In some traditions, one child is sent for religious study, perhaps to be a pandit or priest. Sometimes, this is the oldest son, sometimes the one with the best chart – it depends on the tradition.
While this may have devolved into obligation or keeping the dogma going, its roots are in supporting the family. We’re in this together and having a family member focused on spiritual development enriches both family and community.
If you understand we’re not separate individuals, it soon becomes clear we have spiritual, energetic and even physical connections with a number of people we’re sharing the … Continue Reading…
The closing of the book Halfway up the Mountain by Mariana Caplan is a chapter on how enlightenment is only the beginning.
She correctly notes there is no “top end” or final state. From the perspective here, there is a final stage in consciousness but the potential of knowledge, perception and refinement is essentially endless. Enlightenment is to be lived, not achieved.
She describes how you have to come down out of the unitive state and live enlightenment in the world in a state of “enlightened duality.” This is what I’d call awakening, Self Realization … Continue Reading…
I talk a lot about the 2 primary aspects of awakening – Consciousness unfolding to itself and sattva or clarity. But what is it that becomes more clear?
I sometimes talk about clarity in terms of the awakening heart and refined perception. But these result from clarity in consciousness on the corresponding layers of being. So we have consciousness as awakening and clarity.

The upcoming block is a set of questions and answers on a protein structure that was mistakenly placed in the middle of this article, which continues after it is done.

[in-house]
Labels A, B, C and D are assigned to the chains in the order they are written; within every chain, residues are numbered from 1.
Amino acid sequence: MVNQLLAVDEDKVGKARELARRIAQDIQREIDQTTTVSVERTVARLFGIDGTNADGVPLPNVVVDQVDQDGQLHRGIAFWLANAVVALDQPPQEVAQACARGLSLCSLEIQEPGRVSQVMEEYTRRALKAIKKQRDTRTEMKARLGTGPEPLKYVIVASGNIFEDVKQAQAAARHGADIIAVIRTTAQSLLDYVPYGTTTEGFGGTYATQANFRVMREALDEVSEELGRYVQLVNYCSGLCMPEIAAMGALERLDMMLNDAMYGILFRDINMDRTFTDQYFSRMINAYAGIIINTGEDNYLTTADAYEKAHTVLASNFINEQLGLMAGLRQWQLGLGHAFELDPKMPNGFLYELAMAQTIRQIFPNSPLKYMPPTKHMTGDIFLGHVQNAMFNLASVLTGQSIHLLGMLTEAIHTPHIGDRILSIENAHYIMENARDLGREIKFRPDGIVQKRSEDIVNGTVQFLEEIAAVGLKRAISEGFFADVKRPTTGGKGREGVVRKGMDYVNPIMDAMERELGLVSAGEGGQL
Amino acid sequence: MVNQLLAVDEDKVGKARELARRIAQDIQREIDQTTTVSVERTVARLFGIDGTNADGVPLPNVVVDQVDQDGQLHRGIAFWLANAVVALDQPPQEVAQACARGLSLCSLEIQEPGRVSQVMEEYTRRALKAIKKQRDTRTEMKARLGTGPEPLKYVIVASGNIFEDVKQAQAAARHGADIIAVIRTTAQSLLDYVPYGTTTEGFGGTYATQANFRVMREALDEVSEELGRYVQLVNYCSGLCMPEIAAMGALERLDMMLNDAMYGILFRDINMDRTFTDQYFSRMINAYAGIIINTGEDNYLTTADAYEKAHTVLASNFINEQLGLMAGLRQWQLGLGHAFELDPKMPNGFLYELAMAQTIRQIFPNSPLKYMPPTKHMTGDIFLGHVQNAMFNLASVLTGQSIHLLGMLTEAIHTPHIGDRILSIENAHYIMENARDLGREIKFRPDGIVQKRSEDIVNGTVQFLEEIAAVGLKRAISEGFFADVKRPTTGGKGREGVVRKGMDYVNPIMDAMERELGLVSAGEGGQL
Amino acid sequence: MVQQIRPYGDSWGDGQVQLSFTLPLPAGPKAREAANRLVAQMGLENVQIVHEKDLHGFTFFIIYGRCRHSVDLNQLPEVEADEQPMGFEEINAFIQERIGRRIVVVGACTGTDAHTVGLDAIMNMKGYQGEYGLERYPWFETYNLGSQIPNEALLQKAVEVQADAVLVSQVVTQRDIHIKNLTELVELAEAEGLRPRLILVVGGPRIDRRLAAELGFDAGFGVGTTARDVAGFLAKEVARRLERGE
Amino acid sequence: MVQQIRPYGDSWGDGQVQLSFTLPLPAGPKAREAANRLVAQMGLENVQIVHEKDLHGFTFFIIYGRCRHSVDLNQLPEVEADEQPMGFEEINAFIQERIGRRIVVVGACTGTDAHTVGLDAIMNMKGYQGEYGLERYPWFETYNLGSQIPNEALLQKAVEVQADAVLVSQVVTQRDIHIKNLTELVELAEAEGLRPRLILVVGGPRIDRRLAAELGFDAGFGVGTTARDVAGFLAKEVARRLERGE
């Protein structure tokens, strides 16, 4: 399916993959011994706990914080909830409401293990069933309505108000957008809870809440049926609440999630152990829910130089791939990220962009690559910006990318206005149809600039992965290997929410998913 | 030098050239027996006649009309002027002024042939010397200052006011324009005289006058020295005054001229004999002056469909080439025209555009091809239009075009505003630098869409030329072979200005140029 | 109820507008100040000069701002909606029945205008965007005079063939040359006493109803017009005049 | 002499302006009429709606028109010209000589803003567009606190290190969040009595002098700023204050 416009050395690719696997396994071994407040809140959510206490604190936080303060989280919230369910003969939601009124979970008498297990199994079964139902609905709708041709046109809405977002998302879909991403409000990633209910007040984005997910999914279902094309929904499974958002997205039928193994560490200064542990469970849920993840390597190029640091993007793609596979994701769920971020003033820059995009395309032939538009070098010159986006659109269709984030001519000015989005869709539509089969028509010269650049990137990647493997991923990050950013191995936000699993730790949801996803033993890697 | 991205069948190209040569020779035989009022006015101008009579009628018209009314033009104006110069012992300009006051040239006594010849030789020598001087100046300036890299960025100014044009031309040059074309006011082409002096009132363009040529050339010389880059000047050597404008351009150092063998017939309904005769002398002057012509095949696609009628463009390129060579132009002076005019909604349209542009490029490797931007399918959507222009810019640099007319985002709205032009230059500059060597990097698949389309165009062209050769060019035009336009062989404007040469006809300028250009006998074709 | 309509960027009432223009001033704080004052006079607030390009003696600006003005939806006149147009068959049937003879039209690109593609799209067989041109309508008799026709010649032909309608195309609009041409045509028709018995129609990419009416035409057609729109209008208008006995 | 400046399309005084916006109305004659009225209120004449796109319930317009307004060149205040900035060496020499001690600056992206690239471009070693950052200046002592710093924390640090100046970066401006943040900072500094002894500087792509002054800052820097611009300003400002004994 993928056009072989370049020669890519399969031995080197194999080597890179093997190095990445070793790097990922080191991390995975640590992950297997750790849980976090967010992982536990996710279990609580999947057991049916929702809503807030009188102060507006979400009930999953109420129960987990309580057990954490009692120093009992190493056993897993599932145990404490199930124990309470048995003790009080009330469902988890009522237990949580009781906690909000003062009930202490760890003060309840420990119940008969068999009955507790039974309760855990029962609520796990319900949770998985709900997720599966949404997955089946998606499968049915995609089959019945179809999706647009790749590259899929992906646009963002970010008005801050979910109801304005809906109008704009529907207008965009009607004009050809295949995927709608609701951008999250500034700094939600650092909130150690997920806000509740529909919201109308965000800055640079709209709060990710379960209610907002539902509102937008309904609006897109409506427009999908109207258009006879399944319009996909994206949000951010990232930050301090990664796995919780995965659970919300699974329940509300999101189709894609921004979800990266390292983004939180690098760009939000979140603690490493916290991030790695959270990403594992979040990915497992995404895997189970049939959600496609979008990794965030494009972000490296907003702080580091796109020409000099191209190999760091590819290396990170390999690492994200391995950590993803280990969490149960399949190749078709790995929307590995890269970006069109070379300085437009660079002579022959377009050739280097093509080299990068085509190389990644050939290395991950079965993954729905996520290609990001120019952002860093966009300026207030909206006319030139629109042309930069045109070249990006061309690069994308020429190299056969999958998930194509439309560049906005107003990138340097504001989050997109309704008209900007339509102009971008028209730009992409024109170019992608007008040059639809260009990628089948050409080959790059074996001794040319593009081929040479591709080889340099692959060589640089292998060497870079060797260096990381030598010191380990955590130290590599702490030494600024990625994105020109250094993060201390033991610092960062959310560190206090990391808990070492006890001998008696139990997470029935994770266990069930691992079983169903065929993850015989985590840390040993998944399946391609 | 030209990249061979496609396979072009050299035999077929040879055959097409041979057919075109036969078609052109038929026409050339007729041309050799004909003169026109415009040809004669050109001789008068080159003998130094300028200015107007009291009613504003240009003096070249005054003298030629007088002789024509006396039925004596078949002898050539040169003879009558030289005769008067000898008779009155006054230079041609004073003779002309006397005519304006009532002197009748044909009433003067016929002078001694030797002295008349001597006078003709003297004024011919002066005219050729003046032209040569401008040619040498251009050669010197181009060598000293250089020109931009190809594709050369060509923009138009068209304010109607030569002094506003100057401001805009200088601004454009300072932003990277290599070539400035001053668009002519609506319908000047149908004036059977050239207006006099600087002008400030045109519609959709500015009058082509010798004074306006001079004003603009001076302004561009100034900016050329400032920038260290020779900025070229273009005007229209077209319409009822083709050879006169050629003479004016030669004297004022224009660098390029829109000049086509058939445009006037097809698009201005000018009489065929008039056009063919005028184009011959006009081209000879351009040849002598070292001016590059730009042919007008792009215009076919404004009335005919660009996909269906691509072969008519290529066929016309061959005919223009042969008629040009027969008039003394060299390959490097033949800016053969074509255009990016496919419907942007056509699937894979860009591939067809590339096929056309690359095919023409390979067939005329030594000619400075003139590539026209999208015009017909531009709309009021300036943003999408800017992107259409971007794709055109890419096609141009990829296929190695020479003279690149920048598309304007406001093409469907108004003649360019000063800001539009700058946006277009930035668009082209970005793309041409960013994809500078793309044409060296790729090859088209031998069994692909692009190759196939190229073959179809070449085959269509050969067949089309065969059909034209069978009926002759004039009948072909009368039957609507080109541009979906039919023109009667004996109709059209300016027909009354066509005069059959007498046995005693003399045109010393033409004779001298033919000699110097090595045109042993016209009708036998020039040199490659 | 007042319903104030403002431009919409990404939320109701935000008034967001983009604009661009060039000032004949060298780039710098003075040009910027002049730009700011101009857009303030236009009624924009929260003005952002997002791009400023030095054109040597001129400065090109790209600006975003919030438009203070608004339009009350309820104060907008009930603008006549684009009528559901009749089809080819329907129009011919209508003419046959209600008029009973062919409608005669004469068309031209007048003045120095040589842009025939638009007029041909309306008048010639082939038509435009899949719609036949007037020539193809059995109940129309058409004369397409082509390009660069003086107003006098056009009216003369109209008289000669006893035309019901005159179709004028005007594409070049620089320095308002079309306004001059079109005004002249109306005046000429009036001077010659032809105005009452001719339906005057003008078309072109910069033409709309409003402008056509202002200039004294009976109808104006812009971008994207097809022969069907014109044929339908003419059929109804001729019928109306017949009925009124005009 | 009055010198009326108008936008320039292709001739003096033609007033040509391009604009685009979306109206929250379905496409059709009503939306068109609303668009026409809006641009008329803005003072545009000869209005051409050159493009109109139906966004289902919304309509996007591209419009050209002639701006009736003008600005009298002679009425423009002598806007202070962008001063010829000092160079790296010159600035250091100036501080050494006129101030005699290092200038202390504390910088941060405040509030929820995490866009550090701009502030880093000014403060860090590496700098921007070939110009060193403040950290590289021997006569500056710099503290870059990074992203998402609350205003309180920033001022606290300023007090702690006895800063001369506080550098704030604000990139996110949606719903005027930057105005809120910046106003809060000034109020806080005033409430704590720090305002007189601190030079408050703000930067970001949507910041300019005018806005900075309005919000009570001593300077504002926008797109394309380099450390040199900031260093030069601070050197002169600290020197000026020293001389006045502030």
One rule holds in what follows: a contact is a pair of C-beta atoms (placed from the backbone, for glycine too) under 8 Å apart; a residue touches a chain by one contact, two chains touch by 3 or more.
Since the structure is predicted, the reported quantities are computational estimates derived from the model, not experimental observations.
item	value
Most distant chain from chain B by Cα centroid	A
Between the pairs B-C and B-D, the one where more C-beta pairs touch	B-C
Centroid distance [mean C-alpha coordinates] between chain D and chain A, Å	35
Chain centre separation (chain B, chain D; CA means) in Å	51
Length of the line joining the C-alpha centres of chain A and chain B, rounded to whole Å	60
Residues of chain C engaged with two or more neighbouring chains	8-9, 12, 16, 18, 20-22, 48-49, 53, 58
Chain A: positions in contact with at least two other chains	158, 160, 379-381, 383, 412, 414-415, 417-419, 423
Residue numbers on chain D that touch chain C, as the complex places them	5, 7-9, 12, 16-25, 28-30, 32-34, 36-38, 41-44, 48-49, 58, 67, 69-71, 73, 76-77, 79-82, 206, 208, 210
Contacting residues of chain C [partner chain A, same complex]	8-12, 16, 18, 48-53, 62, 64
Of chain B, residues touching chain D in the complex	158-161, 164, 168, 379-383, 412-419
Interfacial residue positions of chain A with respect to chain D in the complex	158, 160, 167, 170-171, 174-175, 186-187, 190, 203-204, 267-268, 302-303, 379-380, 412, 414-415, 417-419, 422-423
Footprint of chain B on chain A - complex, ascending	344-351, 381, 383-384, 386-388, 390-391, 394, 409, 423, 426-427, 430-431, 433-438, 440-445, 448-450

To explain the distinction we can think of consciousness awakening to itself as shifting our relationship with consciousness. We become it (awakening), recognize it in the objects of perception (Unity), and … Continue Reading…
I thought it would be interesting to take the qualities mentioned in the song Cosmic Consciousness and relate them to the process.
– shining within
– awake during sleep
– witness the mind from “behind”
– beyond pain
– pleasure arises within
– unshaken by change
– silent being
– life like a song or play
– beyond the sky
– beginning to see the hand of divinity
Key to understand this list – it is subjective descriptions of being consciousness … Continue Reading…
The “Truth about Reality” is way beyond the mind so cannot be found though reading or hearing. All we gain through the senses is information from which we build concepts about the world. This is neither truth nor reality. At best, we have a working hypothesis.
Philosophy and spiritual teachings can offer pointers and maps, like a route to deeper truth. But they are not truth in themselves.
Reality can only be known directly, by being.
We can describe experiences of reality, but it’s always through the lens of this physiology. How much of it we embody. But what we … Continue Reading…
“Those who play at being angels, end up as animals.”
— Blaise Pascal, The Ascent to Truth
I ran into this quote recently while reading Mariana Caplan’s book Halfway Up The Mountain. It rather succinctly spoke to the hazards of not living a human life most of the time.
The context of the quote was the various hazards of mystical experiences. Such experiences are largely in the category of subtle perception. Lovely, but not really “spiritual” at all. Plus, all too often, the motivation for chasing them is personal gratification or escaping our human experience rather than gaining skills … Continue Reading…